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I just meant to say that I would like to see local businesses target other market segments. I do know they usually sell bus tickets and passes as well as being good for picking up odds and ends when the other stores might be already closed. Did I buy Chai by Night from you, Briana? Travis says: May 28, at pm I think banning a particular business from moving into a neighborhood can be compared to banning a particular race from doing the same, with the same pitfalls.
Businesses that obey the laws of our community, have the same right to be here as the people who do the same. Instead of banning businesses that we feel create unsafe conditions, our recourse as citizens of a democracy is to influence our politicians to make laws that protect the safety of all its citizens. So, instead of lobbying to block a business, lobby to implement a safer community, such as one that does not produce as much homelessness and drug addiction, which leads to criminal behavior.
Janie says: May 30, at am I used to live by the seven eleven on Austin in Coquitlam. It is where I bought bus tickets when I went to Centennial Secondary. I am pretty sure that the seven eleven on Austin was not open 24 hours, so maybe the common sense solution is to ask the city to limit business hours. Glad to hear it was good tea. Pat Johnstone says: May 31, at pm I will always associate with the bonk. In High School, my cycling buddies and I would meet right after school to do a Slurpee Run: a brisk road ride to Trail, broken up by occasional sprints, solo breaks, chase groups… everything I know about bike racing I learned in those rides.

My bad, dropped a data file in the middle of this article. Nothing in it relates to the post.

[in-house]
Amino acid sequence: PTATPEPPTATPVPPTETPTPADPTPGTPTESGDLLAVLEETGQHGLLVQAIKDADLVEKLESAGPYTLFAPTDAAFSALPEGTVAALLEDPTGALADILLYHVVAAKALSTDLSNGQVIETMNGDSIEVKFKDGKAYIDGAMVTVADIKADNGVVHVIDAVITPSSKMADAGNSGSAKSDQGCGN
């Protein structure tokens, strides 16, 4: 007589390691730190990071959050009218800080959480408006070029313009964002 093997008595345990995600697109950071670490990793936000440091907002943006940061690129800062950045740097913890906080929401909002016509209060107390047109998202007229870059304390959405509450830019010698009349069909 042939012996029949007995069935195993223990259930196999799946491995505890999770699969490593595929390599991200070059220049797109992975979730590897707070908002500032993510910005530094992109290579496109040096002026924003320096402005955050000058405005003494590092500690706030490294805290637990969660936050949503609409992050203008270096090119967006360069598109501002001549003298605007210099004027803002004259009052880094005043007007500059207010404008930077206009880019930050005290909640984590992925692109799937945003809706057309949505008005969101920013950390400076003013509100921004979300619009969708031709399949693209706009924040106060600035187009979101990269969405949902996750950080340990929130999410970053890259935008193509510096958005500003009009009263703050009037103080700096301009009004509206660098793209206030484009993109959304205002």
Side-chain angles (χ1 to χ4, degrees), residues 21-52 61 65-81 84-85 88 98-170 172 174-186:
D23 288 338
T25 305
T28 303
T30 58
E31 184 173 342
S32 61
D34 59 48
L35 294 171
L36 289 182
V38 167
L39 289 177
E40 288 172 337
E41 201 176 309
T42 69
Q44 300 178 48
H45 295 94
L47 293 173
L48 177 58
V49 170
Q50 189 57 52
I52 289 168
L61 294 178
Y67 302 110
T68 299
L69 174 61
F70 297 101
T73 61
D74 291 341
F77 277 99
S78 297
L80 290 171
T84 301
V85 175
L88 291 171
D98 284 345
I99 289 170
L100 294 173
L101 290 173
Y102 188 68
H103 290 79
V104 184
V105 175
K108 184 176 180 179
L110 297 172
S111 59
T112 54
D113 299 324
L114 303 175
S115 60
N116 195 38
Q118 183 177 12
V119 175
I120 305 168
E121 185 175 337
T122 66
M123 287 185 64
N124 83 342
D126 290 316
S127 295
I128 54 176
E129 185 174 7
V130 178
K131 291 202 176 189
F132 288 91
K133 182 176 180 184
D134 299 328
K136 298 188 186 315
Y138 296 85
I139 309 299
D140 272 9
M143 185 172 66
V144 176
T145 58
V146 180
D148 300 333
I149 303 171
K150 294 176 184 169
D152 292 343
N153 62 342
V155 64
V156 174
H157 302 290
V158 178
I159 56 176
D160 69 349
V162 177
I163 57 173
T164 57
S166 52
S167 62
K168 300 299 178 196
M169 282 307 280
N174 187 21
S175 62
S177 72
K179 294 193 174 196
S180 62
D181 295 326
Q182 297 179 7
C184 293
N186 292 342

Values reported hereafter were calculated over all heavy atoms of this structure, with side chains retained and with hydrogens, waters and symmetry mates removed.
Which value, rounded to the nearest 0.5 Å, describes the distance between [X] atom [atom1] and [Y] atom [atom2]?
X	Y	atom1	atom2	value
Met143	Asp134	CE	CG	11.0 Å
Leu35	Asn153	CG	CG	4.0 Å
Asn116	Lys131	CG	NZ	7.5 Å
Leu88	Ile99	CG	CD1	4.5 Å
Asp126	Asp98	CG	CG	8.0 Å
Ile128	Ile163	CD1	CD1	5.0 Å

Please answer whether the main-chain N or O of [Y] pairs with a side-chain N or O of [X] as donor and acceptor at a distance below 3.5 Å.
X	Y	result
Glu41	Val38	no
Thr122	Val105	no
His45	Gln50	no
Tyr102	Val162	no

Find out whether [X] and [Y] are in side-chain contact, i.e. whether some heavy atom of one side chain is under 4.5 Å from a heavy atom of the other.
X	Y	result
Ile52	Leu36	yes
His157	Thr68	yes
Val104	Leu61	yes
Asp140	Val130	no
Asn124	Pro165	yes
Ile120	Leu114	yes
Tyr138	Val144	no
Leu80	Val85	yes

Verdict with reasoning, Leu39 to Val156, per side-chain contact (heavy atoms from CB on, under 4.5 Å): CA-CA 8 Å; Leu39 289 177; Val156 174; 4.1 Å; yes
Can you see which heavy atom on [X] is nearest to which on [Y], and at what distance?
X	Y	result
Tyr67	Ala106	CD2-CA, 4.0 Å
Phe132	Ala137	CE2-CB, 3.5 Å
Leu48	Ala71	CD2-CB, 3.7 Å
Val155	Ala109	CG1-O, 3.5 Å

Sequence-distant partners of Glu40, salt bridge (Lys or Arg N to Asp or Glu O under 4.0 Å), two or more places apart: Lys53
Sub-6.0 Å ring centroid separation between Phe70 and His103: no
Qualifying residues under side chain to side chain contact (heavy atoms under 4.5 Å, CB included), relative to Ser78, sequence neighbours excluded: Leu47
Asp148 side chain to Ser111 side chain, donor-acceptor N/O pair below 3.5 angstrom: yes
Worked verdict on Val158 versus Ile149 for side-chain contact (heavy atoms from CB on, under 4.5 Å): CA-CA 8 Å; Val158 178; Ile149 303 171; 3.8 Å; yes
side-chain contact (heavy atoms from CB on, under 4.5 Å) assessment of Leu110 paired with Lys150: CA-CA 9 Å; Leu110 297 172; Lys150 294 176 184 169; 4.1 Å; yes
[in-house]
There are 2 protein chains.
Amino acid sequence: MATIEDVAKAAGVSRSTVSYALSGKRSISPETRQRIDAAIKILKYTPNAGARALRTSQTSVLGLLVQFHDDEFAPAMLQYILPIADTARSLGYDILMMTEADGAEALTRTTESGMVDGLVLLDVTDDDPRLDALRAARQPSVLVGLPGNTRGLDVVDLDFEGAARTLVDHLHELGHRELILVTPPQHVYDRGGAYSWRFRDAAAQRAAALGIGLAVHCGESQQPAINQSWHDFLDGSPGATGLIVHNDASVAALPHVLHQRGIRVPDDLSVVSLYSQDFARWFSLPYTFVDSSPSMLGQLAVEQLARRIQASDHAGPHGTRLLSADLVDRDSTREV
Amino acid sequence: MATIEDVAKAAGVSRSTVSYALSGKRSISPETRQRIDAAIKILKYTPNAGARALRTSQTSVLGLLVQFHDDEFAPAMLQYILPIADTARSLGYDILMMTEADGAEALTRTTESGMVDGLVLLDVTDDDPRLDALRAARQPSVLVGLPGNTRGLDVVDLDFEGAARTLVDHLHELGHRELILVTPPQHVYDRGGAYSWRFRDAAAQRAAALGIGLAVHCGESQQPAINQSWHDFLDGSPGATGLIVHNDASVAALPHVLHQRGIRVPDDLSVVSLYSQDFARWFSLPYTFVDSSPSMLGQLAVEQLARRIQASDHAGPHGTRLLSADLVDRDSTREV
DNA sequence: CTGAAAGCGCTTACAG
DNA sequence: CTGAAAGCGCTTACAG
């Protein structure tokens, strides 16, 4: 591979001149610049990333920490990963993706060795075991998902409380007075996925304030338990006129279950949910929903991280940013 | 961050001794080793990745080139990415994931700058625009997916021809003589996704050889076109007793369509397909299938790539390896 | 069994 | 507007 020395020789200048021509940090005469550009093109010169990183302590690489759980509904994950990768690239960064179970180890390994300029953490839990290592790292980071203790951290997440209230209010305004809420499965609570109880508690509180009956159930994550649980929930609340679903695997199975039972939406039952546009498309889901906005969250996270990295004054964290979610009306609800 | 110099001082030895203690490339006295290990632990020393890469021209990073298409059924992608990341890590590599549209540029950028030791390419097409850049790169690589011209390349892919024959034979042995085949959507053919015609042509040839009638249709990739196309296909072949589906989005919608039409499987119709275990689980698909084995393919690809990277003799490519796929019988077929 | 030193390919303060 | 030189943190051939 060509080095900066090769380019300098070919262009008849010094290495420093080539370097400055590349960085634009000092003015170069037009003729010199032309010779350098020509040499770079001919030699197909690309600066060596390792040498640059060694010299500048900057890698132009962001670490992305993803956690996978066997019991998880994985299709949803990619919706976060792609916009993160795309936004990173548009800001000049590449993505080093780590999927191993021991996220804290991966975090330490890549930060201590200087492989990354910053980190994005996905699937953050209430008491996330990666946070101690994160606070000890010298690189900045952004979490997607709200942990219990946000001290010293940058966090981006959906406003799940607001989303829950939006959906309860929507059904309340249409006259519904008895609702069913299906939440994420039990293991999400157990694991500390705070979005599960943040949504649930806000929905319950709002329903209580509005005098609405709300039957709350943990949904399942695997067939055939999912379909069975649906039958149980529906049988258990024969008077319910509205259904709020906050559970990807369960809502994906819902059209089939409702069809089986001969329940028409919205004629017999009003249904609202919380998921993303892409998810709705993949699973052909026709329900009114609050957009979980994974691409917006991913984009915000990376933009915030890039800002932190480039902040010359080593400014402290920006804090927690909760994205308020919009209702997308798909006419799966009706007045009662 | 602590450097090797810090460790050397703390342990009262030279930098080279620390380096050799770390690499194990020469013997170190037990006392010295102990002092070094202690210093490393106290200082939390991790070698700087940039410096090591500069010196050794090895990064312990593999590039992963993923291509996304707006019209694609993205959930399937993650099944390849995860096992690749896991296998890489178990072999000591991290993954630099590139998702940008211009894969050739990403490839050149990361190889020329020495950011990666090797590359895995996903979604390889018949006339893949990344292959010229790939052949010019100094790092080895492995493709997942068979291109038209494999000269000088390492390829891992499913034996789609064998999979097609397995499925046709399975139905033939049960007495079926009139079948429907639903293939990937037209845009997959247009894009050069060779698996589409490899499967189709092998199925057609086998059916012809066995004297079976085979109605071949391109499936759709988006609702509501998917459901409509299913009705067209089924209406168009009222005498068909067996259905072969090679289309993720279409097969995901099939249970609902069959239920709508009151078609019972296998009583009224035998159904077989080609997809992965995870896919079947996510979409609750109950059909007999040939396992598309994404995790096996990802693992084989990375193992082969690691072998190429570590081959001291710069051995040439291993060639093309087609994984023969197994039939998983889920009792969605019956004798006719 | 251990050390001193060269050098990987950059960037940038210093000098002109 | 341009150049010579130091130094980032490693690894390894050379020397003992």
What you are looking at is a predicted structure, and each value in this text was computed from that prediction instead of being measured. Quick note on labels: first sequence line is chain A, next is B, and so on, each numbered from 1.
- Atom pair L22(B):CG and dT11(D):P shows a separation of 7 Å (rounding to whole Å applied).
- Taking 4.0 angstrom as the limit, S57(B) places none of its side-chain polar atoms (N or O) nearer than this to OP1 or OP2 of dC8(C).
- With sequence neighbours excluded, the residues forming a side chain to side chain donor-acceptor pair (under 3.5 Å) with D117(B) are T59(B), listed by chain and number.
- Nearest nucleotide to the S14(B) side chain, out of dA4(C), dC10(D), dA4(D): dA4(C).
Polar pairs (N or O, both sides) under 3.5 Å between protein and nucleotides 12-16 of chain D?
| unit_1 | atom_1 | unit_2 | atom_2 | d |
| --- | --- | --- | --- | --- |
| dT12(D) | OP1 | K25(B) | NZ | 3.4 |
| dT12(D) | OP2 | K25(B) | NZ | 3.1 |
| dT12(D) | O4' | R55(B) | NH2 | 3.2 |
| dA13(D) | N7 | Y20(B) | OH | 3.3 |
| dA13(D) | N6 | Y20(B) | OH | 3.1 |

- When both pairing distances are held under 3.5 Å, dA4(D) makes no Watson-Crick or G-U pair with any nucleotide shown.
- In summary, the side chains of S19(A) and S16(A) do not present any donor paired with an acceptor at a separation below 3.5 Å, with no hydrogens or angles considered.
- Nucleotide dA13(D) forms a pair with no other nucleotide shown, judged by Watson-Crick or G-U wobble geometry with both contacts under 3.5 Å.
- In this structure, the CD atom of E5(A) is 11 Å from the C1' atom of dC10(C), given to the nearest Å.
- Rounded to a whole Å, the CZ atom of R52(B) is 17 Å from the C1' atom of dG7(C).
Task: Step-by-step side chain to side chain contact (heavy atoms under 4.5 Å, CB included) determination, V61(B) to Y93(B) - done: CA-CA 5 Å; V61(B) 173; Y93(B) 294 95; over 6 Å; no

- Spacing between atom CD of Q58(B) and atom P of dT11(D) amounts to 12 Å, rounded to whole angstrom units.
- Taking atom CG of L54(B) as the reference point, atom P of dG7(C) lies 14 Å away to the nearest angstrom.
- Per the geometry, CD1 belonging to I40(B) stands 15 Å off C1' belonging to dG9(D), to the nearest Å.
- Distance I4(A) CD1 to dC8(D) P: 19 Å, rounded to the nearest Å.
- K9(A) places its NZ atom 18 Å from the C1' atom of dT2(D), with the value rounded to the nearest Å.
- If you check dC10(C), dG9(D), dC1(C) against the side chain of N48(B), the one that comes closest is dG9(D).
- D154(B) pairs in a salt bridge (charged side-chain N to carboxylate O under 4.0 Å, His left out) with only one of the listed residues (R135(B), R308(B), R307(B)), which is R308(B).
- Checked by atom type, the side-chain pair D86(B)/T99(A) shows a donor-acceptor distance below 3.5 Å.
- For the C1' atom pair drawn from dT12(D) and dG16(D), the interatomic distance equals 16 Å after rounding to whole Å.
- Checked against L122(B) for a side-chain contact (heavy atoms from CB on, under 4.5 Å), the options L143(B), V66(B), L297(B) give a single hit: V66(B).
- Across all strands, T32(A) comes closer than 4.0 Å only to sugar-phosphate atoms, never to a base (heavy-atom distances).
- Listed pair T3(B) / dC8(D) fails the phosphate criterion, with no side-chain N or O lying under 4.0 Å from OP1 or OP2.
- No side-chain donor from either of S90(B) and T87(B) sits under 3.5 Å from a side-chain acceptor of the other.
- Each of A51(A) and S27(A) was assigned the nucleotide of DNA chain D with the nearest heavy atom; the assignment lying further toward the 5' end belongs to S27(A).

Once we got to Trail, we stopped for the ubiquitous Slurpee, quaffed them at headache-pace, then turned around and started the big climb out of Trail up the old Smelter Road. At the time, sports history buffs will note, two Canadians wore the yellow jersey in the Tour de France: Alex Staida and Steve Bauer, both riding for the Team. Robert Montgomery says: June 2, at am I have been a resident in this neighbourhood now for over 6 years. My wife and I moved from Burnaby to New Westminster as we felt this was an area in transition and has a great community feel.
We have 2 children 7 and 2 and great neighbours all around who also have children with similar ages. A is a great business in the area as currently their is no nice clean modern facility to take your kids enjoy a slushee in walking distance. Neighbourhoods and people evolve I dont know why we have such a backwards thinking and fear of change everytime something progressive is going to happen in New West. I am perplexed by the people who never contribute to the progression of society whether it is a in the neighbourhood or the HST or anything else in BC — everything has a left-wing twist — fear business and change, yet without business how would we all provide for our families?